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What is Bitcoin? A Definitive Ranking of Popular Explanations

Bitcoin. What is it? The public has circulated various ideas as to what it is. And some of those popular explanations are more accurate than others.

In this article I am offering you a definitive ranking, from lowest to highest, of popular explanations of Bitcoin. My goal is to provide you with the best possible explanation that you can use to understand Bitcoin into the future. One thing is certain about Bitcoin, nobody knows what it is yet, so we need a best possible way to make sense of it in the meantime.

Bitcoin is trending up

#1 Bitcoin is Nothing

How accurate?

Not very accurate. I can see why people may jump to this conclusion. Bitcoin is a new entity and, at first glance, it may seem like science fiction. However, it is becoming clear that Bitcoin has legs. People are using it in the real world and investors on an institutional level are now recognizing its legitimacy as an asset. It may not be clear exactly what Bitcoin is yet but, at the current market valuation, it is clear that Bitcoin is $1 Trillion worth of something.

Easy to understand?

Somewhat. Bitcoin is a virtual entity. To establish its tangibility in your mind can be tricky. Keep in mind that money is a mutually agreed upon concept whose value only exists in the mind of those who use it.

#2. Bitcoin is a Black Market Payment System

How accurate?

Only slightly because it is true that Bitcoin has been used in black markets. However, Bitcoin was not intended for this use and is not ideal for criminals either.

A common misconception is that the identity of a Bitcoin holder is completely anonymous. Bitcoin preserves privacy well but, ironically, it is much more difficult to conceal a Bitcoin transaction. Bitcoin tracks transactions so well that you can see that path of every Bitcoin ever. Therefore, you can determine if your Bitcoin was ever used for illegal purposes. One can argue that the use of Bitcoin in the black market will decrease over the long run.

Easy to understand?

Yes. Just because Bitcoin has been used for illegal transactions in the past, doesn’t mean Bitcoin should be disregarded altogether. Bitcoin benefited black market participants in the short run, but will not in the long run.

#3 Bitcoin is a Network

How accurate?

Bitcoin certainly is a network. Everyone who has Bitcoin is connected to anyone else who has Bitcoin and transferring Bitcoin is extremely efficient.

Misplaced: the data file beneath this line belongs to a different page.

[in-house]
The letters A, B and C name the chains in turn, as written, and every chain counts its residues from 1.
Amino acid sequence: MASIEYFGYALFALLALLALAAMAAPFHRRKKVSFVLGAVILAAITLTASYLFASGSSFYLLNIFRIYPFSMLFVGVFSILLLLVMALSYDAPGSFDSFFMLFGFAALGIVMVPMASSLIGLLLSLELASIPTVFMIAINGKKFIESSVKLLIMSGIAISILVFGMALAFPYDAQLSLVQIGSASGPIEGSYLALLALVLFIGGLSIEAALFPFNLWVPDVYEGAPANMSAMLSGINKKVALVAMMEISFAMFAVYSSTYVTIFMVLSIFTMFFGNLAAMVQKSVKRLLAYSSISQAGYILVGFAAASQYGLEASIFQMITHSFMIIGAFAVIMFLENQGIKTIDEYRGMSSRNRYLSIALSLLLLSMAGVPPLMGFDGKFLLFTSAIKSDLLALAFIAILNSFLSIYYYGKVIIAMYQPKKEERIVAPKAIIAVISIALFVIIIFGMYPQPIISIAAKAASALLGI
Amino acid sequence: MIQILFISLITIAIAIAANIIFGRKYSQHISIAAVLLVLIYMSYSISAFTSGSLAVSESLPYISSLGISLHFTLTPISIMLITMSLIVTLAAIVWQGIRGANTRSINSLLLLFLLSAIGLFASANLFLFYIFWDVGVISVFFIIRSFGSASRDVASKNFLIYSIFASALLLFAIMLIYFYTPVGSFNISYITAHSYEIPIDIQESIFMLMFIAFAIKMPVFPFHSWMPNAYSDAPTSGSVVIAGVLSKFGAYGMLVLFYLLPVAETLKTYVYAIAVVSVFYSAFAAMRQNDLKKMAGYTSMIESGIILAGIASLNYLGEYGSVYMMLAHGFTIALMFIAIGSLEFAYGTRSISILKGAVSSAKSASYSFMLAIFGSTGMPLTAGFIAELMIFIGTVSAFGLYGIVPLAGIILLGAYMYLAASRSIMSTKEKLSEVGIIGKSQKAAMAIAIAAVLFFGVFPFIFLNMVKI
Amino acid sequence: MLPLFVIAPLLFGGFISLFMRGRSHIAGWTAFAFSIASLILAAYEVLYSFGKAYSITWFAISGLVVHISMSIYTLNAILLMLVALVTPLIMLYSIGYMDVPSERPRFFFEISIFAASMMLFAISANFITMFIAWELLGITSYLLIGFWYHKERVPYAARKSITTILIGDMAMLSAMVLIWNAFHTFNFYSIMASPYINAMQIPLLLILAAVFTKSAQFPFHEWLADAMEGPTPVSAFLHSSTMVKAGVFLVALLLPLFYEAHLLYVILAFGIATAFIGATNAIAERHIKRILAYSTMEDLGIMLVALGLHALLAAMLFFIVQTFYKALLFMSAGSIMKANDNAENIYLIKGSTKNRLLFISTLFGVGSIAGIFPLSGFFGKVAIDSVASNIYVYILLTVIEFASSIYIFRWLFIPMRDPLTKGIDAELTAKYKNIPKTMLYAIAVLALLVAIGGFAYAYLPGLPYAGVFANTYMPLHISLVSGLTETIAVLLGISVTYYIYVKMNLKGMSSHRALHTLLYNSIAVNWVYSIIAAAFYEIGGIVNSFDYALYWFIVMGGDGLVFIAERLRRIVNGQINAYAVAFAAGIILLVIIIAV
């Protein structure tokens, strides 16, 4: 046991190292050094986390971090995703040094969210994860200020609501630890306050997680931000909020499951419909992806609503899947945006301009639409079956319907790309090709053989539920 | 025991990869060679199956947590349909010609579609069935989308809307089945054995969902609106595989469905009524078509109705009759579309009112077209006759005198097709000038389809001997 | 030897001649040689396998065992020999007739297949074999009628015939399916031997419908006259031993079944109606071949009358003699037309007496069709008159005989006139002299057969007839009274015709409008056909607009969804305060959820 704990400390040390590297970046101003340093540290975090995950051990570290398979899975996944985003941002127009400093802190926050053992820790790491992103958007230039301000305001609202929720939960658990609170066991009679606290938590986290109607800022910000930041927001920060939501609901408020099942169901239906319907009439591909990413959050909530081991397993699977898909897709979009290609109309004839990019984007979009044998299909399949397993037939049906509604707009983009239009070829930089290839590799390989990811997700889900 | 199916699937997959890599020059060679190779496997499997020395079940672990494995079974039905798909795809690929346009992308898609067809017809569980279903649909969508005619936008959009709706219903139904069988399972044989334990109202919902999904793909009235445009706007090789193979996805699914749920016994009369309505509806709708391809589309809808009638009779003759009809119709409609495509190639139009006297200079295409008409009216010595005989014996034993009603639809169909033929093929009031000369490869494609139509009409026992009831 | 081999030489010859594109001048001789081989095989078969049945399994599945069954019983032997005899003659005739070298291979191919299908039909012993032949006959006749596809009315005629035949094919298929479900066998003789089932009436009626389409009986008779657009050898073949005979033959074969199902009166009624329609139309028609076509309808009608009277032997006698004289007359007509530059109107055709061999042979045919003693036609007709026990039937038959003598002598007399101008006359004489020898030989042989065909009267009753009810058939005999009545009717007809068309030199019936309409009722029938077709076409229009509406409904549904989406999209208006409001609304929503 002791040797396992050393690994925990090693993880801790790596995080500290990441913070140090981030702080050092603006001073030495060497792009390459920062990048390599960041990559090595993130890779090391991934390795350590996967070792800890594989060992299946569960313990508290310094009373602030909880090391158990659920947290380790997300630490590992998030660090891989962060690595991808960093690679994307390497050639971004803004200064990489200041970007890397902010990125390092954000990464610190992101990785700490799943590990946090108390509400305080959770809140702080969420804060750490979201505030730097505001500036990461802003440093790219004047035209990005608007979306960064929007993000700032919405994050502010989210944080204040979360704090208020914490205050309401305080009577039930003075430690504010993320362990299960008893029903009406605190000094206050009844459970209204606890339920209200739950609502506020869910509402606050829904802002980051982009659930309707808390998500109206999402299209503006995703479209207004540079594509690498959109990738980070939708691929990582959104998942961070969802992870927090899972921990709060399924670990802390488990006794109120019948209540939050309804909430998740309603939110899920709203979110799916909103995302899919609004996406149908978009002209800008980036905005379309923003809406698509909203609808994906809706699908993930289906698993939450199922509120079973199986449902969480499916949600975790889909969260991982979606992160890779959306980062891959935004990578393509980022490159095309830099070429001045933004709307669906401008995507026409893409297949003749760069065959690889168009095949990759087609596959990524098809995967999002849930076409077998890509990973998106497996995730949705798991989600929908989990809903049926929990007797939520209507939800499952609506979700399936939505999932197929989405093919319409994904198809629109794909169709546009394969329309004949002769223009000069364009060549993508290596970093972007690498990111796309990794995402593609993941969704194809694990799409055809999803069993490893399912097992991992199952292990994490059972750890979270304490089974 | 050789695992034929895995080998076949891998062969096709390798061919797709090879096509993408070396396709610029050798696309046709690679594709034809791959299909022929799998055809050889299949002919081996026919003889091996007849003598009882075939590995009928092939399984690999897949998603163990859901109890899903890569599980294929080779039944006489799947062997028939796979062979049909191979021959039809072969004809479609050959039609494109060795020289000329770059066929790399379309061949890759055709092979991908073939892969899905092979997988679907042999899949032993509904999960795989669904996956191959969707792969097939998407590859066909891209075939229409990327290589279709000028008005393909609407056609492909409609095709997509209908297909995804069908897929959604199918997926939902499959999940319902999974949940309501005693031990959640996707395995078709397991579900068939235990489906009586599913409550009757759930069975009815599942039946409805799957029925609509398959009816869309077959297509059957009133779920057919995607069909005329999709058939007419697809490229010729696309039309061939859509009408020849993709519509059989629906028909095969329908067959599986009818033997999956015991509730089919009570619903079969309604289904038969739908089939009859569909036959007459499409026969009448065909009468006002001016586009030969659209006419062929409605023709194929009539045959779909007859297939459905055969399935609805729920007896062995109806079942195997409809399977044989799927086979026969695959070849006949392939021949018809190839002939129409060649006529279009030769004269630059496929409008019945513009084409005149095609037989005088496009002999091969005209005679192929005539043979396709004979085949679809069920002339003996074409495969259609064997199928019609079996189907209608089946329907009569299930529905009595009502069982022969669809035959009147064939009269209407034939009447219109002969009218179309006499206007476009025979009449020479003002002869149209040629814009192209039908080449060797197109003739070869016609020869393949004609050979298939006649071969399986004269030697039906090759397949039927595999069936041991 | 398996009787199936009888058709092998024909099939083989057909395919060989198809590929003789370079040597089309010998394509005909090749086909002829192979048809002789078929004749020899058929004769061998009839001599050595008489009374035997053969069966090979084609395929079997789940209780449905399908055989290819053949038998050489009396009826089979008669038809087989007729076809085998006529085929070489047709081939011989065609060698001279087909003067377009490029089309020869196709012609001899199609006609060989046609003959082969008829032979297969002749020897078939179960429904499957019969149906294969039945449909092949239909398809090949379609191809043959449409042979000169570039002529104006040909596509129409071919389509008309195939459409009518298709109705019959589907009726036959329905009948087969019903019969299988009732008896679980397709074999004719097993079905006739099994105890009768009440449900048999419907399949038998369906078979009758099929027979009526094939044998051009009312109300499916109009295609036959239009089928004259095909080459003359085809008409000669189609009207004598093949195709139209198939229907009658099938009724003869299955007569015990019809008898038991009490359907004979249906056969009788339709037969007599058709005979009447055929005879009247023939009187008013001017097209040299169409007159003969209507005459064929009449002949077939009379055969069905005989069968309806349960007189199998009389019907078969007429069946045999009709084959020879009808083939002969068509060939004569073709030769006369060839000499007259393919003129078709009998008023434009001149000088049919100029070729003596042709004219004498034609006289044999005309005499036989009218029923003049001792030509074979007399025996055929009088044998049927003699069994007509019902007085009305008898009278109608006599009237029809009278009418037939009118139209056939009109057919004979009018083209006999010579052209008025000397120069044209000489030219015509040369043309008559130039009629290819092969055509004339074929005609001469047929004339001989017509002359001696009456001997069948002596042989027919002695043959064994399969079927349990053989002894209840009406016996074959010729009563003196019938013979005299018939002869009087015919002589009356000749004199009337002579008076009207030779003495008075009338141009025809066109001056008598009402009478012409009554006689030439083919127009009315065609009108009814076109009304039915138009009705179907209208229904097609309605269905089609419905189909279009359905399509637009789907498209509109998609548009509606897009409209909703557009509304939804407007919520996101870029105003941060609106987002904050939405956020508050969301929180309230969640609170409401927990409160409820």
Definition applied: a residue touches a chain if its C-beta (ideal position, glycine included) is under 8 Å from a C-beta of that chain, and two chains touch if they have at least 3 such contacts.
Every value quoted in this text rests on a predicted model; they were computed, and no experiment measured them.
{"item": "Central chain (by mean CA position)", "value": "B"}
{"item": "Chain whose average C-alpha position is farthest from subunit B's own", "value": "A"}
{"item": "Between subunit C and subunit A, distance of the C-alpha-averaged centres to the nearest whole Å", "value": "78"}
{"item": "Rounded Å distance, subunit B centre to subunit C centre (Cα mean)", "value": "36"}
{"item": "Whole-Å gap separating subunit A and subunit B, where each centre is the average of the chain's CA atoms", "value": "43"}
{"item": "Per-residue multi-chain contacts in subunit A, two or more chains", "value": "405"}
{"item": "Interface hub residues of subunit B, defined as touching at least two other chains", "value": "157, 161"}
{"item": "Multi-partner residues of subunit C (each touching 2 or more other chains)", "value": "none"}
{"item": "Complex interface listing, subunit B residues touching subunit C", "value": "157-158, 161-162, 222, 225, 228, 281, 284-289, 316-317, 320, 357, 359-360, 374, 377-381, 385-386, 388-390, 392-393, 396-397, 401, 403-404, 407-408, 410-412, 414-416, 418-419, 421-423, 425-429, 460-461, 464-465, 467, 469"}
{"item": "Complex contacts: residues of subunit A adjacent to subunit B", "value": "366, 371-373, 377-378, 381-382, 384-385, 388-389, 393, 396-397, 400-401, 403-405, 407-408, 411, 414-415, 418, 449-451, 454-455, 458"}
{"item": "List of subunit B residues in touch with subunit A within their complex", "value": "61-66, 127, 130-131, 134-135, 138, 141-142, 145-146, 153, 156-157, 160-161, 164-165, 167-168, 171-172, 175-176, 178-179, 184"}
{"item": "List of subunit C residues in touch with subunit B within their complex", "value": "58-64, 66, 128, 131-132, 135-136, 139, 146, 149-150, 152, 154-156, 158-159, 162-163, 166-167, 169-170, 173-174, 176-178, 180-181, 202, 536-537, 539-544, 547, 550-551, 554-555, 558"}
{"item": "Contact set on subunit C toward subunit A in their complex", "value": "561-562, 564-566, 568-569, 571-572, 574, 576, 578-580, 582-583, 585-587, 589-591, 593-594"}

How does this improve our understanding of Bitcoin? The network of the internet allows you to communicate with anyone and the network of Bitcoin allows you to pay anyone. Extrapolate this to all the interconnected pieces of the internet and you begin to see the infrastructure of value exchange that Bitcoin allows.

Easy to Understand?

Yes, given that you are likely familiar with the internet. The blockchain network is interconnected like the internet but it uses a fundamentally different protocol to transfer value, rather than text, images, and videos.

#4 Bitcoin is an Experiment

How accurate?

Very accurate. Bitcoin is an experiment unleashed upon the global financial-monetary system by Satoshi Nakamoto, Bitcoin’s anonymous inventor.

Bitcoin was not the first experiment of its kind. The first digital currency was created by David Chaum and was called “Digi Cash”. Another digital currency “Hashcash” was created in 1997 by Dr. Adam Back and “Bit Gold” in Nick Szabo in 1998. The difference with Bitcoin is that it crossed the threshold to pragmatically start meeting society’s needs.

Easy to understand?

Yes. Bitcoin didn’t appear out of thin air and there was no certainty of its success. Like any successful creation, it took decades of work and many iterations to become successful.

#5 Bitcoin is Digital Money

How accurate?

Very, but with a fatal flaw. Bitcoin meets the criteria of money but why is it not used like money?

In fact, Bitcoin is better than fiat currency in many ways. However, the price of Bitcoin changes too much and won’t stabilize for some time. Also, Bitcoin isn’t user friendly yet, particularly for the digitally uninitiated.